Past the Family Mart, where we ended our walk the night before, we came across a foot onsen. Zao Onsen has several of these available, and they are outside areas where you can soak your feet in hot onsen water. I came prepared, I had a towel with me, and so I indulged while Nicole walked around exploring. I was the only person enjoying the hot waters while taking in the view down into the same valley the bus terminal overlooks.
Nicole eventually came back to get me and we were off for our last stop before heading back to the ryokan. We had seen an ice cream shop inside a market behind the Family Mart, and we felt like a few scoops. It turned out that this shop served real ice cream, not soft serve, and they had some very unique flavours. Nicole chose a scoop of cheese and a scoop of black sesame, and I opted for a scoop each of cherry and beer. We both played it safe, one safe scoop and one unusual. The cheese was reminiscent of a Japanese style cheesecake. It was really good. The beer was very unusual, not likely something I would often get. At first I would only get the taste of the cream but the beer would slowly take over. Good quality ice cream! And of course, I couldn’t resist a quick stop into Family Mart and a steamed mystery bun, which turned out to be a sort of braised beef filling.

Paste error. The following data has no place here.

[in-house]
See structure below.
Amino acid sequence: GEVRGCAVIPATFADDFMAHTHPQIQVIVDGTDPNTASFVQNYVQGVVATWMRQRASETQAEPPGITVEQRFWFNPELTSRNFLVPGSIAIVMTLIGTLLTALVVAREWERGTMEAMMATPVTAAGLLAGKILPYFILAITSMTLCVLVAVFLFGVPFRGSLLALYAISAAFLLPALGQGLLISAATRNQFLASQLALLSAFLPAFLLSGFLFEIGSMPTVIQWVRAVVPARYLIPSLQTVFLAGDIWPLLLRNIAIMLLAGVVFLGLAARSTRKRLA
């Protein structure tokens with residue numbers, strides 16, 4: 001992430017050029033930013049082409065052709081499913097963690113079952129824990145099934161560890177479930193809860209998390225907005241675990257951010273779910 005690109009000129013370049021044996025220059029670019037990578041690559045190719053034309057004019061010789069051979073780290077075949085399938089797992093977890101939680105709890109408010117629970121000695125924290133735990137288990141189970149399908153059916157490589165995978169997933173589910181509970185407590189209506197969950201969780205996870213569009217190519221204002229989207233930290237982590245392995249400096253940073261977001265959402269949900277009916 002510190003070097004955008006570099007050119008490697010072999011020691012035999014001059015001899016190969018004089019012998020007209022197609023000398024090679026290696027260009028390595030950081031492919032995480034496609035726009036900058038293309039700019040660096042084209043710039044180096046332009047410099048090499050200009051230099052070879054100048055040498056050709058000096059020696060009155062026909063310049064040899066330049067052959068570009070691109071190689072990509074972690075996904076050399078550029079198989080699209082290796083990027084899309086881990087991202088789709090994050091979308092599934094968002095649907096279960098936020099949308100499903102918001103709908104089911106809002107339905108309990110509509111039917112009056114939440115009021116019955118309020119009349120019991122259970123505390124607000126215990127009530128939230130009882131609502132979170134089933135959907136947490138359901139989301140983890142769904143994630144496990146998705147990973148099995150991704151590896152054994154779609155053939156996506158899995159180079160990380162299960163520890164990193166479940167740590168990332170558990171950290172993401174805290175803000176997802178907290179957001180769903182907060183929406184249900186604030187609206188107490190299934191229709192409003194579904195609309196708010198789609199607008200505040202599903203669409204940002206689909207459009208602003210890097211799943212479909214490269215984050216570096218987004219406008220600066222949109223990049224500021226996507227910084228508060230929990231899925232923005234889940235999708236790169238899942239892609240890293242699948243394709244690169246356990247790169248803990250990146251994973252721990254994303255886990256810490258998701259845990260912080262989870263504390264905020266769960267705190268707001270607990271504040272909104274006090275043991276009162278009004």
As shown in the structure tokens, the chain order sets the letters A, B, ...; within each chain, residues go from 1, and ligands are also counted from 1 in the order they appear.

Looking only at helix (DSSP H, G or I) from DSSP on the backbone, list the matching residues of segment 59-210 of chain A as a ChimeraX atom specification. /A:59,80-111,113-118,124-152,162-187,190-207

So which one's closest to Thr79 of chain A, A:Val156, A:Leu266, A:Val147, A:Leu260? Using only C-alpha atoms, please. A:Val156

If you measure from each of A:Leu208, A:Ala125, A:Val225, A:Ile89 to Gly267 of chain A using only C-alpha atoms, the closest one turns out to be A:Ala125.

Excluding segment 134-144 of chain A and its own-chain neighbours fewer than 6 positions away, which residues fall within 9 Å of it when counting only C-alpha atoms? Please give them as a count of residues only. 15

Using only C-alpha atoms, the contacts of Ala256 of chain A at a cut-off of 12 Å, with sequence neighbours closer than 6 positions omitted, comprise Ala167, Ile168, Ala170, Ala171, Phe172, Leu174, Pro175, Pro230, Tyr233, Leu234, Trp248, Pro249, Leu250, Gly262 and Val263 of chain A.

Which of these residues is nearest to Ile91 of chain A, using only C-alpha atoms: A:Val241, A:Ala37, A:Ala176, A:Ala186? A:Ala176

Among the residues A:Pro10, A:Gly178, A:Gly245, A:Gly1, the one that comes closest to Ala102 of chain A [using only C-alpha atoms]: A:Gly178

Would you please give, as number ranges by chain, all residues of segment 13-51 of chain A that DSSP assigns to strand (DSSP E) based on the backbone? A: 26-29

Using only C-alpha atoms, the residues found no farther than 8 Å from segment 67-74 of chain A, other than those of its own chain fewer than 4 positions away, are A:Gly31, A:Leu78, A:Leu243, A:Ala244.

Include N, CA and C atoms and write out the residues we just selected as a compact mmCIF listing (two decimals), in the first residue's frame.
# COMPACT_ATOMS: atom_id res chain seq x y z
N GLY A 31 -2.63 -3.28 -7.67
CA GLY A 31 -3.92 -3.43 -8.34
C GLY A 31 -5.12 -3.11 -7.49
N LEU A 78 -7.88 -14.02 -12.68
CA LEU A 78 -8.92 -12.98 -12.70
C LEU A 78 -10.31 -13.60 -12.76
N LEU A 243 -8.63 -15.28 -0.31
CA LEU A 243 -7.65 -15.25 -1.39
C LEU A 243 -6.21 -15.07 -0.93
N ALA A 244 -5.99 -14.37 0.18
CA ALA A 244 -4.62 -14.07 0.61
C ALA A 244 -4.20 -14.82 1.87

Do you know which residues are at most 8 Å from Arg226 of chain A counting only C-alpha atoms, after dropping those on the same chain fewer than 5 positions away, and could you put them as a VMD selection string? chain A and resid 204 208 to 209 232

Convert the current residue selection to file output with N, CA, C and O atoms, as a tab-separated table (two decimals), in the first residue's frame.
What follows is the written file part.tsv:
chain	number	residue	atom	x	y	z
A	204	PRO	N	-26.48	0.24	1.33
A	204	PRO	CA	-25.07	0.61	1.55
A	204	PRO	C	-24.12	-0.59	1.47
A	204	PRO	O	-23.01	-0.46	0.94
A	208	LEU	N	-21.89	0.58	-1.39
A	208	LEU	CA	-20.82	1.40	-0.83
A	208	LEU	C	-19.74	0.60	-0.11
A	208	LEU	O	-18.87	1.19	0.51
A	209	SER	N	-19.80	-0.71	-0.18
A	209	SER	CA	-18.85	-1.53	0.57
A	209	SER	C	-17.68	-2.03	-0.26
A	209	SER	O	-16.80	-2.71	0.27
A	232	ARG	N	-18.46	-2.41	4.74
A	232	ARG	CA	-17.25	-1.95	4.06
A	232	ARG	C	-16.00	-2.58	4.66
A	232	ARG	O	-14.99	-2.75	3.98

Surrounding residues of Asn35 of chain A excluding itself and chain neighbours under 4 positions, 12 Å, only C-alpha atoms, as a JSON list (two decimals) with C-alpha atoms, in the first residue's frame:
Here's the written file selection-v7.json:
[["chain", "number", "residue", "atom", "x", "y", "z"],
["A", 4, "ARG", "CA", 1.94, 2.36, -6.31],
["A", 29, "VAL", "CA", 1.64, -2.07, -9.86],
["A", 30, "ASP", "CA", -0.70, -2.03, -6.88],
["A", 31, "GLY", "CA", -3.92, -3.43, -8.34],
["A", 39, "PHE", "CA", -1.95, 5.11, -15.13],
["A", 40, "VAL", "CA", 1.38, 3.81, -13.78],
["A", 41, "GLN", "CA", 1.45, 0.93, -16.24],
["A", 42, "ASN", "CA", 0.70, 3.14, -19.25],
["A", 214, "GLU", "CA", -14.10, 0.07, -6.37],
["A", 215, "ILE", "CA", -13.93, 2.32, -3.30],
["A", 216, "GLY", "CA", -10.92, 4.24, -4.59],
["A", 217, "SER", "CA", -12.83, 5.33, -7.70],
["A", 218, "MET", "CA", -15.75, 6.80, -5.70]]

We headed back to the ryokan, both looking forward to our last kaiseki meal of the trip. Our main course was going to be shabu-shabu, a Japanese hotpot or fondue style meal. But before dinner, as we were living the hard life, we had a private onsen. Yes, our third onsen for the day, well, forth for me if you count the foot onsen.